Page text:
Ewephoria Sheep Gouda
The punny name that only makes sense in English should give it away; this cheese was invented for the American market's infamous sweet tooth. Presumptuous - if only the butterscotch sweet, nutty result wasn't so gosh darn successful. And there's an upside to a focused market; the single producer of pasteurized milk is much smaller than most export sources - the farmer's wife posits that the sheep 'eat better than her children' on lush pasture surrounded by a nature preserve. The crunchy stuff makes a blissful snack with drinks like Sherry or Porter and is delicious melted on pies or dessert breads.
Just the Facts
BourbonThink: Caramelly, crystalline cheeses have the strength to stand up to bolder booze. With sweet bourbon, these cheeses become almost like dessert.
MalbecThis rustic wine is inky and dark, full-bodied with plenty of tannins. Fruity flavors of plums and berries are contrasted by spice and leather.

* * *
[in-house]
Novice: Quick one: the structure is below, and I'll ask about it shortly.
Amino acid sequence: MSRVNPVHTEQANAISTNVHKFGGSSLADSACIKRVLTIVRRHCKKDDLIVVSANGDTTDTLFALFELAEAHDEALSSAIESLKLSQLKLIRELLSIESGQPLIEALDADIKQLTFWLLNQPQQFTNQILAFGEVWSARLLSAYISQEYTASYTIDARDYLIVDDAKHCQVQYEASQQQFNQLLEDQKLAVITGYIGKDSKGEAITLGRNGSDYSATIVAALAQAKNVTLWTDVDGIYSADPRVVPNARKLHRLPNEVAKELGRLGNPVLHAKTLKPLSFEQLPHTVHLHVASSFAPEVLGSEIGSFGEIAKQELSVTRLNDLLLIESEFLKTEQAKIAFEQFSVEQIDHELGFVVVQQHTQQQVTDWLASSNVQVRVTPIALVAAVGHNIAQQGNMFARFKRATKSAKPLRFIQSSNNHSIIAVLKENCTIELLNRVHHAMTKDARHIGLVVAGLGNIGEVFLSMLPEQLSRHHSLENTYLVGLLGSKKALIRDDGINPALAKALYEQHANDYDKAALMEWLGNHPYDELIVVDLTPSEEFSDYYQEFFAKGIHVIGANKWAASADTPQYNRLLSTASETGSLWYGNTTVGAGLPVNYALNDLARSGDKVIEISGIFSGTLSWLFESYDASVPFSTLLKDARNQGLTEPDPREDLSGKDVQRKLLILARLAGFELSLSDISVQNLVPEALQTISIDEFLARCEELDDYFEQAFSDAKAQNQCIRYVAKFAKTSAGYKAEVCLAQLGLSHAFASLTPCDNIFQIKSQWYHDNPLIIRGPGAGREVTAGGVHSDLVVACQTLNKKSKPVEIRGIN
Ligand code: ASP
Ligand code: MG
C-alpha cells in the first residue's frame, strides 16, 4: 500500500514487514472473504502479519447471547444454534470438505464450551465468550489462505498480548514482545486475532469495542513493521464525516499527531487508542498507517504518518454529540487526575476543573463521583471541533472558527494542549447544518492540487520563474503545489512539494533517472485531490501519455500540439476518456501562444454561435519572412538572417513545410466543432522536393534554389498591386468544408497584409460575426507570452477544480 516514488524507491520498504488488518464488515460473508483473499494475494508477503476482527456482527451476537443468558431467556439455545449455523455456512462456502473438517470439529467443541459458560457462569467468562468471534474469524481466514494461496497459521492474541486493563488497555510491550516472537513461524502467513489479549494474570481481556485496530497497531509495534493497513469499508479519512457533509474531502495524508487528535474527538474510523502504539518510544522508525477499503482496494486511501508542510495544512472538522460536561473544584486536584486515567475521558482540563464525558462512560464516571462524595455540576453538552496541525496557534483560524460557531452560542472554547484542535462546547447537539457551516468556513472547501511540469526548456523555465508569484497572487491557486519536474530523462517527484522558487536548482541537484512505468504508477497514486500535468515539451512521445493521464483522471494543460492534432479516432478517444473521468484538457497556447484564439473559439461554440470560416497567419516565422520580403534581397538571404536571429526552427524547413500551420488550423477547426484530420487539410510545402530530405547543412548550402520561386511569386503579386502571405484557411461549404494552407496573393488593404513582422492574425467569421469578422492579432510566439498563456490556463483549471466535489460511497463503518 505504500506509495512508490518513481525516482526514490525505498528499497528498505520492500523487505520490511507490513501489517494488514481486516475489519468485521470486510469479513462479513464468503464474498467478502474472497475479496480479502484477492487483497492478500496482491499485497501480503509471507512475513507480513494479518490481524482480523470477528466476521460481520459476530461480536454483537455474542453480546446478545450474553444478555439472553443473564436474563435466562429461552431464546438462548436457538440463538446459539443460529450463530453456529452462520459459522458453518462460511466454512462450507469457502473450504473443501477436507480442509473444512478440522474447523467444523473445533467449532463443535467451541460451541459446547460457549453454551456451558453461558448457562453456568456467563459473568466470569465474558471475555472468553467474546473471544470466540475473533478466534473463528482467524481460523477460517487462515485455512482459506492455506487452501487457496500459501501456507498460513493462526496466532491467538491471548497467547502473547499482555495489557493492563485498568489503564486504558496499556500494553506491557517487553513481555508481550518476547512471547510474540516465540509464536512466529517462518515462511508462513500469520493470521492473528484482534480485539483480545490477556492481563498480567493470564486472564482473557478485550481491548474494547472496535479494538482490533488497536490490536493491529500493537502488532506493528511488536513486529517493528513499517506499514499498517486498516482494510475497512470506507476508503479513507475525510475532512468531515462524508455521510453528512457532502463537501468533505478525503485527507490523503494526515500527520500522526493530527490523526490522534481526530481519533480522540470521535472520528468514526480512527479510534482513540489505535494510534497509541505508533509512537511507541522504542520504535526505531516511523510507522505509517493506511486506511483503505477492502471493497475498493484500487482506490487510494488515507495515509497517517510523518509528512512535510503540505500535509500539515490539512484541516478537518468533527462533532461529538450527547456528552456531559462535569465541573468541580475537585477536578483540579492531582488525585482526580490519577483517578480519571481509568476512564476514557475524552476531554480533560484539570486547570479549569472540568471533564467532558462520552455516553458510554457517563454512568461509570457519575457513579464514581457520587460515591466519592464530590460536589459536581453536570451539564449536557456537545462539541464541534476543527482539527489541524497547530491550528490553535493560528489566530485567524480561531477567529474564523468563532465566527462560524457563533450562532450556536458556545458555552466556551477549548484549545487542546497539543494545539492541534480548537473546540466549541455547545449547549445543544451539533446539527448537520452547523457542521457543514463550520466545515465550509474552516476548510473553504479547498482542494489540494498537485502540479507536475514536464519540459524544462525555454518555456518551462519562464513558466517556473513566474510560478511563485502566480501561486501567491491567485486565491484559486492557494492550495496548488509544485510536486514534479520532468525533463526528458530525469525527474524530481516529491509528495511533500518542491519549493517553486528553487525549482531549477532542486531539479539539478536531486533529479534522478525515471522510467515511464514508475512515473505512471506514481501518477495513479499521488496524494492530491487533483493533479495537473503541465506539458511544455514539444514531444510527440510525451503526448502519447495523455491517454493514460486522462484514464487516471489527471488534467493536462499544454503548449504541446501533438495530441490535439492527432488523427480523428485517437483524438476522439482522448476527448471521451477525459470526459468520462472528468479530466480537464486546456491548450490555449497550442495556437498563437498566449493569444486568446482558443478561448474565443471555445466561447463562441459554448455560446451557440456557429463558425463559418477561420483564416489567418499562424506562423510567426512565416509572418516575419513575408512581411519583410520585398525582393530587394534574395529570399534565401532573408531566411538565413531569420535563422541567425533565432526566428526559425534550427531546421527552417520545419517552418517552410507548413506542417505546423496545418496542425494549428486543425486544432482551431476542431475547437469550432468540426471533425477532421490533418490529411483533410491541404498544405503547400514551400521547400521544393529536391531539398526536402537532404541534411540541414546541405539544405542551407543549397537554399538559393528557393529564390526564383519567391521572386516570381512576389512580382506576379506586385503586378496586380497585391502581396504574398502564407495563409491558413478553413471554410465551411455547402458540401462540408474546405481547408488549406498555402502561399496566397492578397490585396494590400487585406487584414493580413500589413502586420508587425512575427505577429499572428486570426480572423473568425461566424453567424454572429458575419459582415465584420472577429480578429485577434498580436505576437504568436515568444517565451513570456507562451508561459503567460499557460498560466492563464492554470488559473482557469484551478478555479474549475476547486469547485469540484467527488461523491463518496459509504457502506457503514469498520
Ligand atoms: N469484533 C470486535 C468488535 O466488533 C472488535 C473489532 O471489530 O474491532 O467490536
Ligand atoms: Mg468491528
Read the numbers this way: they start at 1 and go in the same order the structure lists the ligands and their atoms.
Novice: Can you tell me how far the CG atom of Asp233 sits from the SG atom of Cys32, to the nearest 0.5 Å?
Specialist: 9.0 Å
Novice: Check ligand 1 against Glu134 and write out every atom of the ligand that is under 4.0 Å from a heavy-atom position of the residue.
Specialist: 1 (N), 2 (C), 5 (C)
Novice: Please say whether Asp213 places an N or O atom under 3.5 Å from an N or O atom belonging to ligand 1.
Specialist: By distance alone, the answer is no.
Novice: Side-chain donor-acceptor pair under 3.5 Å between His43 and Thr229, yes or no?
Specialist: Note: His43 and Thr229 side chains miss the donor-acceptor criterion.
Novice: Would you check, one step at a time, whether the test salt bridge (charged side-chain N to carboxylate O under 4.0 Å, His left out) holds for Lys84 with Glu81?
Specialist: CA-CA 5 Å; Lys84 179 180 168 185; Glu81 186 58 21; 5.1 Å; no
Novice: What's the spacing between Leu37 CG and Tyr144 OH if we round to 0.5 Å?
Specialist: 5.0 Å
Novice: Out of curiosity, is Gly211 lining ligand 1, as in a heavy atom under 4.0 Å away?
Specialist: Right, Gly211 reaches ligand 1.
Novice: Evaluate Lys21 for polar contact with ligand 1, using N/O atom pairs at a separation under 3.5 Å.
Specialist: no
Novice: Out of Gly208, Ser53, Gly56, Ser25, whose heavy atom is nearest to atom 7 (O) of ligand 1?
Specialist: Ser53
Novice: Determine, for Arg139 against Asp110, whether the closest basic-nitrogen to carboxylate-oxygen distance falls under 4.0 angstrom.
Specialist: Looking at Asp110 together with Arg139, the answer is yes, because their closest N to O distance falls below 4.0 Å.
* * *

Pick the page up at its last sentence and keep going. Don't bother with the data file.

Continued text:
Pair with: Equally toothsome cheeses like Boerenkaas Gouda.
Pale Ales & IPAsHoppy Beers - Pale Ale, IPA, Amber, Red Ale
Hops, glorious hops! Think of hops as the seasoning for beer: they lend the bitter yin to balance malt’s sugary yang. In IPAs and other hoppy beers this humble flower takes center stage. Flavors range from grassy to grapefruit, earthy and dry to resinous pine, depending on which hop varietals are used.
Pair with: Cheeses with enough body to stand up to the bitterness, like clothbound cheddar or aged Gouda.
RieslingThis food-friendly wine ranges from super sweet to quite dry. Acidity, minerality, and aromas of tropical fruit are almost always present.
Dry: Characterized by bracing acidity and stark minerality. Tropical fruit on the nose, stunningly balanced flavor overall.
Pair with: This versatile wine works equally well with a fresh chevre (bringing out acidity) as it does a stinker like Willoughby (playing up the sweet/salty contrast).
Sweet: The other end of the spectrum offers a cloyingly sweet, syrupy wine. Aromas of ripe peaches and tropical fruit dominate, along with floral, perfumed accents.
Pair with: With something this strong it’s best to contrast the sweetness with something funky or salty: A pungent washed rind like Grayson or a punchy blue like Bleu du Bocage.